Wanted to celebrate a major milestone for my career, as the future of our field looks nebulous for the next few years…
NEW YORK CITY: The Dramatists Guild of America has announced that the recipient of the 2020 Lanford Wilson Award is Madhuri Shekar. The playwright will be honored at the Guild’s annual awards ceremony on Monday, July 27, at Joe’s Pub in New York City.
The Lanford Wilson Award is named after the Pulitzer-winning, Tony-nominated playwright—and longtime Dramatists Guild Council member—who died in 2011. Established by a generous contribution from Wilson’s estate, and matched by a contribution from the Guild, the award is presented annually by the Dramatists Guild Council to a dramatist, based primarily on their work as an early-career playwright. Previous recipients are Francine Volpe, Mike Lew, Chisa Hutchinson, Lauren Gunderson, Christopher Chen, Martyna Majok, Isaac Gomez, R. Eric Thomas, Abe Koogler, and Charly Evon Simpson.
Madhuri Shekar’s plays include In Love and Warcraft, A Nice Indian Boy, Queen, House of Joy, and Dhaba on Devon Avenue. Her audio play Evil Eye was named one of the top 10 Audible titles of 2019. She is a graduate of the Juilliard playwriting program and a fellow at New Dramatists.
The awards ceremony will now be a virtual event, as most things are. So grateful to the Dramatists Guild for this boost, so happy that they enjoyed my plays and thought me worthy of this honor. I submitted Queen and Evil Eye for consideration, and there are a litany of amazing mentors and institutions behind both of those plays – Center Theatre Group, Oregon Shakespeare Festival, and Victory Gardens which gave Queen it’s final developmental push and world premiere. The amazing team at Audible Theatre for Evil Eye. Joanie Schultz and Chay Yew for Queen, Megan Sandberg-Zakian and Emilia LaPenta for Evil Eye.
Our beloved play Dhaba on Devon Avenue, was shut down two weeks before its world premiere, a proactive and courageous step by Victory Gardens to protect the health of our team and our audiences. It was a major blow. But our director Chay Yew penned this incredibly moving missive in American Theatre Magazine, one that I will treasure forever.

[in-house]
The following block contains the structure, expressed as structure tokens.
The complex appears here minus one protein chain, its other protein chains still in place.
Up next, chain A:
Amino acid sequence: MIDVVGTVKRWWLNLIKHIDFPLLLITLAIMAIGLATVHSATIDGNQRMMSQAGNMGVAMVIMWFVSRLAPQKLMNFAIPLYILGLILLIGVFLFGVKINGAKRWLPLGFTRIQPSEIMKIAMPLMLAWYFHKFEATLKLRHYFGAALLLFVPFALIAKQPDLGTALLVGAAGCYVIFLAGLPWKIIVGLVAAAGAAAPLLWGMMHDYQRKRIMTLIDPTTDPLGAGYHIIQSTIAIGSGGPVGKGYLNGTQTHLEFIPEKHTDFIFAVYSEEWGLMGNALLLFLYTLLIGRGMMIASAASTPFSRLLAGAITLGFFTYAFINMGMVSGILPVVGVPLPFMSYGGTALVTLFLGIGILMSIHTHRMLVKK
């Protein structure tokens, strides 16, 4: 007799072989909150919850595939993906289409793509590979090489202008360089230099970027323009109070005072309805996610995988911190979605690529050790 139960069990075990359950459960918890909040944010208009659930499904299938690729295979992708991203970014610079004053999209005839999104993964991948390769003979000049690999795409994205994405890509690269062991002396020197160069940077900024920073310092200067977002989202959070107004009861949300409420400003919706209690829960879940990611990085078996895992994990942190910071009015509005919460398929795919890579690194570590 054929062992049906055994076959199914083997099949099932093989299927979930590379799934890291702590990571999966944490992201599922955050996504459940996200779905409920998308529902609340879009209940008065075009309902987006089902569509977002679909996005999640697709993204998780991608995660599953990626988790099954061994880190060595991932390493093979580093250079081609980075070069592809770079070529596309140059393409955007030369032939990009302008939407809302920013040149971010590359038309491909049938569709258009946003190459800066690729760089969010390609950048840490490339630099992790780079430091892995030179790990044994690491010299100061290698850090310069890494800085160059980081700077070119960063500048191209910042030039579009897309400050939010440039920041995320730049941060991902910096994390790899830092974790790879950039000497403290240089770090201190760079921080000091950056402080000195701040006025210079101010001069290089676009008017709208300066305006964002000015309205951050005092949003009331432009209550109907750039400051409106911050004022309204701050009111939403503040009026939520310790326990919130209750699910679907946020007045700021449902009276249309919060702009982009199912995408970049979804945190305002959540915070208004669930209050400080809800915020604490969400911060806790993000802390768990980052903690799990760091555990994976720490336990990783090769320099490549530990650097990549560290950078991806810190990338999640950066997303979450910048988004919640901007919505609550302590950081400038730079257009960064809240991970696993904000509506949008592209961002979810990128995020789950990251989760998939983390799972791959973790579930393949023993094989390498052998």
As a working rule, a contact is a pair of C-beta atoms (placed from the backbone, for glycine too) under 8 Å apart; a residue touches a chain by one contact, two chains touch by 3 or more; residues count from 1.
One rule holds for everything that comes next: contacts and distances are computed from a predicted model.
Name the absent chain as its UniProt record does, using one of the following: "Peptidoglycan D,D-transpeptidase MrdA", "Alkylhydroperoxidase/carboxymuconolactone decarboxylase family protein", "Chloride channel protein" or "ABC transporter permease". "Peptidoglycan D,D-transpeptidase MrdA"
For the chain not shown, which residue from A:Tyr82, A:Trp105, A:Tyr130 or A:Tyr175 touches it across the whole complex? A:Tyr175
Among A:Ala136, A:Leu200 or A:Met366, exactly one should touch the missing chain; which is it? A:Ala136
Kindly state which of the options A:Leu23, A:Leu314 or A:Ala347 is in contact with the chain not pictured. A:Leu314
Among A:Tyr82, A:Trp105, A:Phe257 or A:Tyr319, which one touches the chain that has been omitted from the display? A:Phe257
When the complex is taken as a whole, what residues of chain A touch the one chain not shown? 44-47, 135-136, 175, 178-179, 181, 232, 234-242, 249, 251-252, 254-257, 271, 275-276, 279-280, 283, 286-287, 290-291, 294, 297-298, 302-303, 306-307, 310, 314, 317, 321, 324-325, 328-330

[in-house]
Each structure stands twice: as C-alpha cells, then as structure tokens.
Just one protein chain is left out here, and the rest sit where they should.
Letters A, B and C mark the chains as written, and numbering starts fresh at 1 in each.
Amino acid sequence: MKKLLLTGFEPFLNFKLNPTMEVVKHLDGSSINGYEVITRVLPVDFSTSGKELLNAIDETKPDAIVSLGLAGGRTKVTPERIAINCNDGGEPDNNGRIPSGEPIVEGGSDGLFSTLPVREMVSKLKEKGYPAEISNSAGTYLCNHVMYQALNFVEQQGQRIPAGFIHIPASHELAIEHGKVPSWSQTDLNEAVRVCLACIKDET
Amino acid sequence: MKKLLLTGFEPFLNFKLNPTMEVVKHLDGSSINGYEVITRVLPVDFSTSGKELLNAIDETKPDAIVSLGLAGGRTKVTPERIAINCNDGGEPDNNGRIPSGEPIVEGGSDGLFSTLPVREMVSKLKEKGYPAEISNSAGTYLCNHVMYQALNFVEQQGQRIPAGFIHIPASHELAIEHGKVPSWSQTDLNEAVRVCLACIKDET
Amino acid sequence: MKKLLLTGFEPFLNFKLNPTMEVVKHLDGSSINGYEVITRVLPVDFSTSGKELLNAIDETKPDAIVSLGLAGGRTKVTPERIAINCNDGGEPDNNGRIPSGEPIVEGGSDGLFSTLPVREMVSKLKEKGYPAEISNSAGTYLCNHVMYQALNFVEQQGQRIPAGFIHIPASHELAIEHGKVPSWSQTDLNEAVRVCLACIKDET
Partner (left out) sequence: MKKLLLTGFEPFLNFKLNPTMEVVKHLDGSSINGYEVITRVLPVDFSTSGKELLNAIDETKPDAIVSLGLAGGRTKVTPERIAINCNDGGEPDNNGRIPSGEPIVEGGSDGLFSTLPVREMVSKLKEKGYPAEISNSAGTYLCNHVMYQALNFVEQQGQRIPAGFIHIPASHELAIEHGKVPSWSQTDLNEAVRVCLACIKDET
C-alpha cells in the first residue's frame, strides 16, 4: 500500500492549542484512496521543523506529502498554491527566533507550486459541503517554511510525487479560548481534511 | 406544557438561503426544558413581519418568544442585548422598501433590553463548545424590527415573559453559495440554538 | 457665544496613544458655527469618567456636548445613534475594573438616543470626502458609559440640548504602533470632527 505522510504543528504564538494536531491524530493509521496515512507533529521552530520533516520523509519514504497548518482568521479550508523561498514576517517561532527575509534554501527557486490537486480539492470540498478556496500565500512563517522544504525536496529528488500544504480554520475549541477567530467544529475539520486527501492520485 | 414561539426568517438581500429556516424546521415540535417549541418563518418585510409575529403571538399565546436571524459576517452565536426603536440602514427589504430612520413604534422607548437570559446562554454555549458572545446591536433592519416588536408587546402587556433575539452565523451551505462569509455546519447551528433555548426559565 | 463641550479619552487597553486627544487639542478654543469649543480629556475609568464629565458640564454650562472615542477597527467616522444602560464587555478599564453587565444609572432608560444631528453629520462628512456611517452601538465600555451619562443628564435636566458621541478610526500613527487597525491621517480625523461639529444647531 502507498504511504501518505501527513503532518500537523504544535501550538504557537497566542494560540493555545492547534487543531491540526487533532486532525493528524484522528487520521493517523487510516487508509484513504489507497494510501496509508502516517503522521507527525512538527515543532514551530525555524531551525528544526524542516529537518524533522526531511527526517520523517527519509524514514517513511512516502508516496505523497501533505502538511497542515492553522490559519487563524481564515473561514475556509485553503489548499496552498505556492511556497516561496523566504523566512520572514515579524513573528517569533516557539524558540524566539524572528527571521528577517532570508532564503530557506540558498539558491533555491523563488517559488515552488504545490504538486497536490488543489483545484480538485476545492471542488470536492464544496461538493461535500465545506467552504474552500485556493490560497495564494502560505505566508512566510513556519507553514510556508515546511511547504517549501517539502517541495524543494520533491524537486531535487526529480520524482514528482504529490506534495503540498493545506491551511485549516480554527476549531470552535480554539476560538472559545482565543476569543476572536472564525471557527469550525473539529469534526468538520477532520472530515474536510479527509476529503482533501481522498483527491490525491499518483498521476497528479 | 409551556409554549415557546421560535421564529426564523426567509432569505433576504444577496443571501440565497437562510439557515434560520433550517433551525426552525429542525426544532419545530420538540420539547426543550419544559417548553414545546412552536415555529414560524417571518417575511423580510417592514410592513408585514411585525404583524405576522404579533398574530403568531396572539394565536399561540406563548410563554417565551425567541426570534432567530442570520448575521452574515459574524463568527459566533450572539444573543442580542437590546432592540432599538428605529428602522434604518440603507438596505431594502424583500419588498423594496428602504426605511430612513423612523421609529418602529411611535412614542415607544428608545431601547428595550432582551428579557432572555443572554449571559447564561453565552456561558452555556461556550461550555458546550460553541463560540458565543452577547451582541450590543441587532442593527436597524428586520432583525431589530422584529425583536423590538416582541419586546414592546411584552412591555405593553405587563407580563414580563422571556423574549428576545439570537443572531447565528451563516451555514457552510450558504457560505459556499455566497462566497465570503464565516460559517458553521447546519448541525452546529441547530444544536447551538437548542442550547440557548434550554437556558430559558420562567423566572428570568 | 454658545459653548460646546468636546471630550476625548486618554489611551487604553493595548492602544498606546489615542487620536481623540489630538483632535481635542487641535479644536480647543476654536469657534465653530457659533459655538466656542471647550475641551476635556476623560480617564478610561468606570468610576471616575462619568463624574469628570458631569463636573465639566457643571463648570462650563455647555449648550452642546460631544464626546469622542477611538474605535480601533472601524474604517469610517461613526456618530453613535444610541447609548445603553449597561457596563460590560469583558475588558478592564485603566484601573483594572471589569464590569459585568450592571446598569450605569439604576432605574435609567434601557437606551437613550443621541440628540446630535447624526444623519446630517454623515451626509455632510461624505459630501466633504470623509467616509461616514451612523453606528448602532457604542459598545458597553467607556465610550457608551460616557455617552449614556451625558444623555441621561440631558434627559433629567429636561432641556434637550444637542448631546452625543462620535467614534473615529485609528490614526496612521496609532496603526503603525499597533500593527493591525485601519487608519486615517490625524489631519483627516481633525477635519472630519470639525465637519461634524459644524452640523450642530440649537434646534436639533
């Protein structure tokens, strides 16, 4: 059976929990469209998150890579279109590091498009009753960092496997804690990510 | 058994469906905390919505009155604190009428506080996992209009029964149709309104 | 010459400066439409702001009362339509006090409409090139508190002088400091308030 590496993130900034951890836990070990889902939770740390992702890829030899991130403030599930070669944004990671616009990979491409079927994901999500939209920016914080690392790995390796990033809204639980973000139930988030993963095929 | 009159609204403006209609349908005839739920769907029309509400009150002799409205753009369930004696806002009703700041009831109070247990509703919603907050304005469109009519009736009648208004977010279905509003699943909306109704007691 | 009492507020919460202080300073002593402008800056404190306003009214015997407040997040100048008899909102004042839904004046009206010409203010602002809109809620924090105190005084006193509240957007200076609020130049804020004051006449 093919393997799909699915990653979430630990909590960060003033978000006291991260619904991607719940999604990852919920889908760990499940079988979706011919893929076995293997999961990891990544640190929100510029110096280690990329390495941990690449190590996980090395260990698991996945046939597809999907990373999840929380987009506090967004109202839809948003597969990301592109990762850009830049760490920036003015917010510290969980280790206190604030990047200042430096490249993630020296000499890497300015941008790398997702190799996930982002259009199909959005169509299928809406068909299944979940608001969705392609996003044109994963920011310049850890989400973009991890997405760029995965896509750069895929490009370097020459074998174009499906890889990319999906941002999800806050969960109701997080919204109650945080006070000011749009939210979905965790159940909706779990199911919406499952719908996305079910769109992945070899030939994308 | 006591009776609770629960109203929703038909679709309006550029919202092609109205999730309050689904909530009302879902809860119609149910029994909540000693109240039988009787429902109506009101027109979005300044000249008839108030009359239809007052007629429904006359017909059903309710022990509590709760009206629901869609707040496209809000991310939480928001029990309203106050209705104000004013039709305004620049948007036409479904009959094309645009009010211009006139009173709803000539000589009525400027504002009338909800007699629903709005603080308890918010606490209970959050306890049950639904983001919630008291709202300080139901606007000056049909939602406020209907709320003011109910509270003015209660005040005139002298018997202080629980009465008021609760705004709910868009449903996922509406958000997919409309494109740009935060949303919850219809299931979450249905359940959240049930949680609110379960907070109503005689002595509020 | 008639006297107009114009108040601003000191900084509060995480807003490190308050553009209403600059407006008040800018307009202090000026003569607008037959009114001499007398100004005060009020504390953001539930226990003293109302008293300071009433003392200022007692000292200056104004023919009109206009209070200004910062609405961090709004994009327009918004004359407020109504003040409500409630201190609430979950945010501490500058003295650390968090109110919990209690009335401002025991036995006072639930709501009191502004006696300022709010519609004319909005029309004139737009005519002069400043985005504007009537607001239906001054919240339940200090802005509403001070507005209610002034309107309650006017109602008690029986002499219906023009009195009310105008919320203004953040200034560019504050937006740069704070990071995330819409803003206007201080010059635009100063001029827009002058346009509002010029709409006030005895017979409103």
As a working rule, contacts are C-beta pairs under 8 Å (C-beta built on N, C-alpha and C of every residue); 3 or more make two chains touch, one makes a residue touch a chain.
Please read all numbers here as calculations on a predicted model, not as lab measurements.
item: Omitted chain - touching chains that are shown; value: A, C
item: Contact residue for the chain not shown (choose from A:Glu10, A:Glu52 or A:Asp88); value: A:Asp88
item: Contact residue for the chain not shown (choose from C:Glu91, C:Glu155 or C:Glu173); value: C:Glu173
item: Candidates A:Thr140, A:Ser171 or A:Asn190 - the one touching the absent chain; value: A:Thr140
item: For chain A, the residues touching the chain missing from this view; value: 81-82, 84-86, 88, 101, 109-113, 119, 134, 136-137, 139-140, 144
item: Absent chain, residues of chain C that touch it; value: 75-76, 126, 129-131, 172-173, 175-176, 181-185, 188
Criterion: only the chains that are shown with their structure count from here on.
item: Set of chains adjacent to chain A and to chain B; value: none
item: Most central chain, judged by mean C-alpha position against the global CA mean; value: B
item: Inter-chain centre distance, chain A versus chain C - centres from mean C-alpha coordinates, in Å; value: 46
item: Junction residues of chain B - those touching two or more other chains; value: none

In the last weeks, Dhaba gave us the rare opportunity to honor our families and communities. Table work was deeply moving and personal as we all shared the tremendous sacrifices our immigrant families made to make this country their second home. Madhuri’s powerful play is a tribute to anyone who has braved oceans and deserts to reach these United States. I wouldn’t trade the time we spent in the rehearsal room for anything in the world. We’d love to have shared Dhaba with our South Asian community in Chicago, as it’s a valentine and testament to all of them. I know we will celebrate them another time and soon.
My other two March productions were also shut down, but got brief rebirths virtually.
House of Joy at San Diego Rep enjoyed a virtual run, as a recording of the invited dress rehearsal was made available to watch for a limited time. I got to experience the recording in the most joyful way possible – the cast and creative team of the CalShakes world premiere of House of Joy convened on Zoom, and we watched the stream together, chatting and sharing our enthusiasm the whole time.
And the cast of Antigone, presented by the Girls of St. Catherine’s at Sacred Fools got to show off their chops in a Zoom excerpt of the play, shared to the Instagram page Theatre Without Theatre. You can watch it here!
It is a devastating time for everyone around the world. Unprecedented in our sorrow and loss. But the epicenters of New York and New Jersey, where I live, are hurting so terribly. If you are reading this, I hope you and yours are as safe and well as possible right now.